What are the three small words any motorhead dreads to hear?
Blown head gasket.
A blown head gasket will lead to expensive repairs, countless hours working in the garage, or both!
So your best course of action is to try avoid this... unfortunate development.
Blown gaskets can be caused by detonation, improper cooling of the engine, or a poor installation.
So what are the 15 most common installation mistakes you need to avoid when installing new gaskets?
Mistake 1: Wrong Gasket Material
Make sure you’ve chosen the head gasket technology suitable to your engine’s intended use:
-Single-layer embossed steel shim if you want increased compression ratio and power.
-Composite for general use on your stock engine.
-Composite with copper wire ring for your performance engine with aluminum cylinder heads.
-Composite with steel wire ring for your performance or street/strip vehicle with forced induction engine.
-Multi-layer steel for your high-horsepower street or race-only vehicle with a forced induction engine.
Mistake 2: Improper Handling
Before installing your head gasket, you should wash your hands.
Otherwise, you risk transferring grease and dirt to the gasket’s surface. And once contaminated, the head or gasket won’t be able to create a proper seal.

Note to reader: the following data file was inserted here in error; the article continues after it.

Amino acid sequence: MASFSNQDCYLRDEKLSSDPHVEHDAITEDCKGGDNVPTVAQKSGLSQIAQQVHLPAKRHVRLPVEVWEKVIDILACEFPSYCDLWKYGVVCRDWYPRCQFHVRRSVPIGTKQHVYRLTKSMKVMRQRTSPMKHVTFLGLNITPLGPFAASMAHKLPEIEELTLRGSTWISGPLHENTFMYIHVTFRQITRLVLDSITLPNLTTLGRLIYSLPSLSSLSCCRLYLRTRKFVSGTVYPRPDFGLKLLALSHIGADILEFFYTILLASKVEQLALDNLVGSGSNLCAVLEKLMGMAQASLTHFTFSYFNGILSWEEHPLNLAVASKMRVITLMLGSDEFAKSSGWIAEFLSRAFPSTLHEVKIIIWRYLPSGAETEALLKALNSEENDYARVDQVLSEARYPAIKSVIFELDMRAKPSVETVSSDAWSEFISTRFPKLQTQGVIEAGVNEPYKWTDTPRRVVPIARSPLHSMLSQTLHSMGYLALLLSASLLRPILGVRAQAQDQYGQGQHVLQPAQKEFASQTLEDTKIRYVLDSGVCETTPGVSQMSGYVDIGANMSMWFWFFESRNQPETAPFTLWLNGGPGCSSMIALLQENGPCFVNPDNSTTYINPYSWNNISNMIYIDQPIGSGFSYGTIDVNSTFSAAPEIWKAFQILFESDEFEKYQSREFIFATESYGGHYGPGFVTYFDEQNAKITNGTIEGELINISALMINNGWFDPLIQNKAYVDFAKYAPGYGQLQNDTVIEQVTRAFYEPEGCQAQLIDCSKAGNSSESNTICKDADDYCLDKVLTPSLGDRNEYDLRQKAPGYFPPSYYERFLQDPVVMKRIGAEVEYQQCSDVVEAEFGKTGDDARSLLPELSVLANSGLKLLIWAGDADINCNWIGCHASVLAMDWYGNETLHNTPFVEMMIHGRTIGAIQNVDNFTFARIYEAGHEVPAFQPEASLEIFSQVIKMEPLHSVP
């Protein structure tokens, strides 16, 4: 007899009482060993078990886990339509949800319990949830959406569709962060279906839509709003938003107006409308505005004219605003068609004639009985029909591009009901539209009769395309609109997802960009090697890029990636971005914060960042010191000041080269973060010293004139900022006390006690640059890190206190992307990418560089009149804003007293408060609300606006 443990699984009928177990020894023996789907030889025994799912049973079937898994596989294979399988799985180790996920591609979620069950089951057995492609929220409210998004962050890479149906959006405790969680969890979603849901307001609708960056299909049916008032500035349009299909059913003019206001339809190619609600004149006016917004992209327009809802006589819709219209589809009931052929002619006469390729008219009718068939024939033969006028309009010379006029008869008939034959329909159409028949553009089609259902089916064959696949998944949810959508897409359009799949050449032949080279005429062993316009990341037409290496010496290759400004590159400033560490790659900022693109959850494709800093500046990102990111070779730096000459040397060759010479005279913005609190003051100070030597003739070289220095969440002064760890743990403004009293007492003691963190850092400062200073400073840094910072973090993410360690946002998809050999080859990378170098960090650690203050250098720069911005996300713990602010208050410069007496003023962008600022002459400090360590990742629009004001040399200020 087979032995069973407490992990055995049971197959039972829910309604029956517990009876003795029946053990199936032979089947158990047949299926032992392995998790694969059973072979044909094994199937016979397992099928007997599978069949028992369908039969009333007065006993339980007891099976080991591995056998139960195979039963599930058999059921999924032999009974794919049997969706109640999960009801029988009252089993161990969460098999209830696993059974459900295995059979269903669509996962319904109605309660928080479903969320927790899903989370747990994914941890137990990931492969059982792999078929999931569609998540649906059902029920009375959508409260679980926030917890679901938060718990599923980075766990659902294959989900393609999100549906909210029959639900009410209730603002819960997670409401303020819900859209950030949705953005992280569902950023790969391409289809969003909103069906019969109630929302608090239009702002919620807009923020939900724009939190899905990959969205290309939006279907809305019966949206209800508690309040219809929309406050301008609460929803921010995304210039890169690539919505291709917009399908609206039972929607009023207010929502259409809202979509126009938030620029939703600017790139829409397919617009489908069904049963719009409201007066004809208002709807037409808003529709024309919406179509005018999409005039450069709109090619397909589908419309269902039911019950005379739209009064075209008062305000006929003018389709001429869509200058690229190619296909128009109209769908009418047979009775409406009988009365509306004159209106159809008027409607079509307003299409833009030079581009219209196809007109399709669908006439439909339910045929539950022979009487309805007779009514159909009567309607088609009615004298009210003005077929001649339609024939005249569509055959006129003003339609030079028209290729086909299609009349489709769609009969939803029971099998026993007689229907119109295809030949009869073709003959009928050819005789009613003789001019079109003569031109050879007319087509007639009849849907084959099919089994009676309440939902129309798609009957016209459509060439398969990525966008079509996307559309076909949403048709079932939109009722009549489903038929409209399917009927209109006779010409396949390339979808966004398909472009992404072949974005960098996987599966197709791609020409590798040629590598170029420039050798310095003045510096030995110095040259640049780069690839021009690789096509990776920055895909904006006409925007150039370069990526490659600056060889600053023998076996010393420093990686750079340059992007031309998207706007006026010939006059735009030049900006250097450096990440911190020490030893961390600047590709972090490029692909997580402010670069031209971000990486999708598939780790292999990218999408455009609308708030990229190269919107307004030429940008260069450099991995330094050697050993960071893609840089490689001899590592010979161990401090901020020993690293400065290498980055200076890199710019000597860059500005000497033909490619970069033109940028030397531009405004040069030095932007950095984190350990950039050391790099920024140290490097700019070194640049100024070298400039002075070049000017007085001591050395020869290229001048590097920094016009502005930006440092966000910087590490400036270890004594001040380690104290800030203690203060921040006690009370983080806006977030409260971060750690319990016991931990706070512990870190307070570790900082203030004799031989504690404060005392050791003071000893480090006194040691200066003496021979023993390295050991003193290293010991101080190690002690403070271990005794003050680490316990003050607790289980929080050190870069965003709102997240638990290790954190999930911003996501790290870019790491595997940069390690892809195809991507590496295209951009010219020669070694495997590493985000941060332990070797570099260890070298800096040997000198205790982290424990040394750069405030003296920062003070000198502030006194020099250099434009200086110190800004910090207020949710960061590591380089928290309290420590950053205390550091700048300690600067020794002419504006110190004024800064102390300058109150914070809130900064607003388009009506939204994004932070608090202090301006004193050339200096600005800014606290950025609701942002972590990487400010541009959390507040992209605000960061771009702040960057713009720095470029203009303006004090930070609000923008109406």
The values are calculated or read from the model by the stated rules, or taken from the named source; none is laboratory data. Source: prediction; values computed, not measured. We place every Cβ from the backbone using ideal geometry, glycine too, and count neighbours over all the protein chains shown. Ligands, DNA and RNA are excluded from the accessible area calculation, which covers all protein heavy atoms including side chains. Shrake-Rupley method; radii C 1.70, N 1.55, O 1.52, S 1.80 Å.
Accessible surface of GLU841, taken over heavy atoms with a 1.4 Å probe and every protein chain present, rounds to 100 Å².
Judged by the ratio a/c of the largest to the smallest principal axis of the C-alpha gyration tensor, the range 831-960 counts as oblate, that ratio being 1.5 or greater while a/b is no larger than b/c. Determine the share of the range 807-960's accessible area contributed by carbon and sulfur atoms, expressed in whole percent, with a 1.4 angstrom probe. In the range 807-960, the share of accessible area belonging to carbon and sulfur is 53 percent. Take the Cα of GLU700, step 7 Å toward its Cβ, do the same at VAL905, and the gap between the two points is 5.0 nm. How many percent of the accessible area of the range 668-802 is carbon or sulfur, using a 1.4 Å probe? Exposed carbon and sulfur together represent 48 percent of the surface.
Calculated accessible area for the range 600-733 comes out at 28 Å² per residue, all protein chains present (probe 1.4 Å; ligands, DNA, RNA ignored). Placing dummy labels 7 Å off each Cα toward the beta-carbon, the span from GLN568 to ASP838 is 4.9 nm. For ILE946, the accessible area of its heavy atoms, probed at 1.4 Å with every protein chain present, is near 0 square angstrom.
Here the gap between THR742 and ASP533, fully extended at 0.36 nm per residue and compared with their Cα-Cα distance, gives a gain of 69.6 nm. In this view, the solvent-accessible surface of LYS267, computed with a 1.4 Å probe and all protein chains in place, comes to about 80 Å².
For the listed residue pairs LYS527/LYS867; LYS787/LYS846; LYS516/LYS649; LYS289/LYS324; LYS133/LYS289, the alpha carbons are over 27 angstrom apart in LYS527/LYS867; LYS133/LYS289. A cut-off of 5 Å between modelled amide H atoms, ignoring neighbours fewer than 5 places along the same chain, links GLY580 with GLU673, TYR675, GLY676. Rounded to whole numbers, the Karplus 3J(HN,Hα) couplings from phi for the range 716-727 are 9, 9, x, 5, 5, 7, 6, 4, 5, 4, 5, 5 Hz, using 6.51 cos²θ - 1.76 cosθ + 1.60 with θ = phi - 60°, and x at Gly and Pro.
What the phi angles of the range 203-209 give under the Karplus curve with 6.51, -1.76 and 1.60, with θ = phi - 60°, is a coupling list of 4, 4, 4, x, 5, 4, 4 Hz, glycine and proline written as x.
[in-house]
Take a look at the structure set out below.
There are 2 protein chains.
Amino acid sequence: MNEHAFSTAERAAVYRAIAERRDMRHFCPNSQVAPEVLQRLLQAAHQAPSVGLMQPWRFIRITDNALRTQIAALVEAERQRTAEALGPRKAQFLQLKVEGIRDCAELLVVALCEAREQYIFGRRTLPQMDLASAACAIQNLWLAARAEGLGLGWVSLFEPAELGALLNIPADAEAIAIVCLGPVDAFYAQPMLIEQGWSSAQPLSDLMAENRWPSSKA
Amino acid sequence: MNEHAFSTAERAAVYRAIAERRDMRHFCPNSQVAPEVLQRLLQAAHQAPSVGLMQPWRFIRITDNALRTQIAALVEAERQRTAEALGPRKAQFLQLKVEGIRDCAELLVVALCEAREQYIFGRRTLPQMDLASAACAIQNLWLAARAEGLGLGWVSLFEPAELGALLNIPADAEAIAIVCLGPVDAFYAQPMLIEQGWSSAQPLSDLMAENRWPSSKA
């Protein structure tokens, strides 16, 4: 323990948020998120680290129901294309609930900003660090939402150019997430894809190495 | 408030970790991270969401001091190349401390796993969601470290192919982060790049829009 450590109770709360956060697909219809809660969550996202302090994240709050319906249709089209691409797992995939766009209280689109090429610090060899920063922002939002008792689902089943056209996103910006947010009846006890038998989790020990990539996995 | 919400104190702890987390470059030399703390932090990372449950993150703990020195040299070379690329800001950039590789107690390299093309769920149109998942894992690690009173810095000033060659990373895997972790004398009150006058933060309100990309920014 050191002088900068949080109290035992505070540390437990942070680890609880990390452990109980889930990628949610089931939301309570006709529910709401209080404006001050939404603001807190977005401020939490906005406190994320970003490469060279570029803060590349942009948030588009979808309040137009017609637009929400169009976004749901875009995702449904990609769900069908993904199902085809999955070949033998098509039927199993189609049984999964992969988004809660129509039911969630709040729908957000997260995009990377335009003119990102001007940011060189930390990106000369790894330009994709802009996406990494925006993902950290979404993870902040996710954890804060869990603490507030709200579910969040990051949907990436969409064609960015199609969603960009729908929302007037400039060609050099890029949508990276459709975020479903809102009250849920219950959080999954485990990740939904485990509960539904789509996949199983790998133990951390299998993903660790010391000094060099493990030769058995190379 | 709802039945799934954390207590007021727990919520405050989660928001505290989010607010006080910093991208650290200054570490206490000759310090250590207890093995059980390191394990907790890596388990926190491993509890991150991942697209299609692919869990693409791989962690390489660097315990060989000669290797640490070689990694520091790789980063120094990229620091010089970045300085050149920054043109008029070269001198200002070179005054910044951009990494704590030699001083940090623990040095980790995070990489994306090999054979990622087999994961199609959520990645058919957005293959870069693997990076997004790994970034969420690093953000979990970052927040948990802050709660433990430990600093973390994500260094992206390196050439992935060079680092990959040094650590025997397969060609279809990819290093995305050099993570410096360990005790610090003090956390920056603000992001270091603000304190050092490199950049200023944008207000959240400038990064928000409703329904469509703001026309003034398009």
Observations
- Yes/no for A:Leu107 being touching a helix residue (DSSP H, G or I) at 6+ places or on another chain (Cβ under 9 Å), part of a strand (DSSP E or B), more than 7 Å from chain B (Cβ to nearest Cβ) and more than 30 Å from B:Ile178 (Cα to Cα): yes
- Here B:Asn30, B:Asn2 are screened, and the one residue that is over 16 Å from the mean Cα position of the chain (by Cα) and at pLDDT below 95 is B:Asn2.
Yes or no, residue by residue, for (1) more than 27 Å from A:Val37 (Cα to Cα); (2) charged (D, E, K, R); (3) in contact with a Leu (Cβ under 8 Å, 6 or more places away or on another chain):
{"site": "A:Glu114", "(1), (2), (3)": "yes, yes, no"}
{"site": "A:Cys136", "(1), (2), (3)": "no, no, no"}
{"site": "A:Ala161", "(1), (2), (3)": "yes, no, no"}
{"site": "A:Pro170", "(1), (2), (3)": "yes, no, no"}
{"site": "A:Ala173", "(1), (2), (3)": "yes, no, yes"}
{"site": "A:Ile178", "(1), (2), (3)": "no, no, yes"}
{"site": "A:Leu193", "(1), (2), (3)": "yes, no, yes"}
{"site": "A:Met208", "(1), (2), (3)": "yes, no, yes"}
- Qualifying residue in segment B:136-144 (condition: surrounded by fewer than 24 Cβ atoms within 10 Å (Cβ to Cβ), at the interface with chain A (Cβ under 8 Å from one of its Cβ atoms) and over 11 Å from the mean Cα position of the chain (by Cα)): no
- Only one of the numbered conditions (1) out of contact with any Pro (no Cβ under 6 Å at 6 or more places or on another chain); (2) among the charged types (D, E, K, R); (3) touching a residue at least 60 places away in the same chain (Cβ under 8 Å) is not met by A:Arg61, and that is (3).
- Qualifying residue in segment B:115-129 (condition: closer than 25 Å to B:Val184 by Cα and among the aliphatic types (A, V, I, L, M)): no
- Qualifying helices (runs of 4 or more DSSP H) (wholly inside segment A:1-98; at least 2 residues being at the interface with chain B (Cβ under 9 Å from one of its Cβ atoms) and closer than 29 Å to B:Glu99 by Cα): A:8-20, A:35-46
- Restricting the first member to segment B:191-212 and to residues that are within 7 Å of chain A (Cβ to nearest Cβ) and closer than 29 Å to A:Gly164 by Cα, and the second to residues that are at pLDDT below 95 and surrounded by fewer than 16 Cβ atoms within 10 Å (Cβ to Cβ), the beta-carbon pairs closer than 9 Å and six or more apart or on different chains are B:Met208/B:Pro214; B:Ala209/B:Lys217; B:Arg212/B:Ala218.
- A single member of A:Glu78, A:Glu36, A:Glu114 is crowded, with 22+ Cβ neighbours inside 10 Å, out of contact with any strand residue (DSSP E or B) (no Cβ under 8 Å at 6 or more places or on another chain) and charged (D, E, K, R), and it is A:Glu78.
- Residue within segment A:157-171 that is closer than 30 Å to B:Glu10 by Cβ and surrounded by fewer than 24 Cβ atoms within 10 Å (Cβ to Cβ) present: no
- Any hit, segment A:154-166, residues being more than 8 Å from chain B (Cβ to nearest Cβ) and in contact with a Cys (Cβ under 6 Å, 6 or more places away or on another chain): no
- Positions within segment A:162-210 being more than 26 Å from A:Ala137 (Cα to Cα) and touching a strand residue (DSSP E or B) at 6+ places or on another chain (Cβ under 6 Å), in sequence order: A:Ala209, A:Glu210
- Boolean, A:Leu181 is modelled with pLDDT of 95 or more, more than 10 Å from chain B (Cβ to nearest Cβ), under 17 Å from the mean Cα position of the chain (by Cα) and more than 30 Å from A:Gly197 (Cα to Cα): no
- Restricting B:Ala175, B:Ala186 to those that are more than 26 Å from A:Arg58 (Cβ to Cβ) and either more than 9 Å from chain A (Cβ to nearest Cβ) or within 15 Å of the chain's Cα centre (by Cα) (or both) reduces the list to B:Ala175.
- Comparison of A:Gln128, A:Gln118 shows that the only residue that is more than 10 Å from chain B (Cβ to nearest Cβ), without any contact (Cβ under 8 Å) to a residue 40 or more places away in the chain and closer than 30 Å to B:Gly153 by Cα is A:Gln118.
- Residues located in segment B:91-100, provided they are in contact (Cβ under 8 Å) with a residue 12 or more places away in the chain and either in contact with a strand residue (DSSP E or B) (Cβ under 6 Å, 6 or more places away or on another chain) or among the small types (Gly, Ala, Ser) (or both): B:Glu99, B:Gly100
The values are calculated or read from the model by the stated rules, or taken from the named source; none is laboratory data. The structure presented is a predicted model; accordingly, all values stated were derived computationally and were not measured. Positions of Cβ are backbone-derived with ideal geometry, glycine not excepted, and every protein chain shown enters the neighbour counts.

Another oversight is to place the clean cylinder head on the floor.
The head’s weight will push down on itself, causing dirt to latch on to its surface.
And again, any surface contamination results in a less than perfect seal.
Mistake 3: Not Checking for Flatness
Don’t forget to check the cylinder’s head and block surfaces for flatness.
You can do this by placing a straight edge across both surfaces. Use a feeler gauge to locate any excess clearance.
Remember – if you have too much clearance, the surface you’re testing is not as flat as required to retain a proper seal.
Re-surface the component before continuing with the installation.
Mistake 4: Ignoring Flaws
Do not continue with the installation if you notice that your cylinder head or block has pitting, corrosion, small cracks, ridges, or low spots.
Any flaws, even the smallest, can result leaks.
Re-surfacing the component will resolve any issues.
Mistake 5: Improper Cleaning of the Deck Surface
Make sure the deck surface is cleaned from any leftover residue from your old gasket. If debris are left behind, your new gasket’s seal will be adversely affected.
To clean up, apply gasket remover or surface degreaser to the surface, and using a wire brush scrub away the residue.
Remember to use a non-metallic scraper on aluminum heads!
Mistake 6: Improper Use of Sealers
If you’re installing one of those old school embossed steel gaskets, you need a sealer to cold seal the engine.
But most modern gaskets do not need to be coated with any sealers.
And if you’re installing a coated gasket, avoid any chemical seals. For example, RTV silicone sealers can badly interfere with the chemicals already found on your new gasket. This could cause deterioration and gasket failure.
What’s more, when the head is clamped down the RTC silicone can run down into the cooling jackets or the combustion chamber.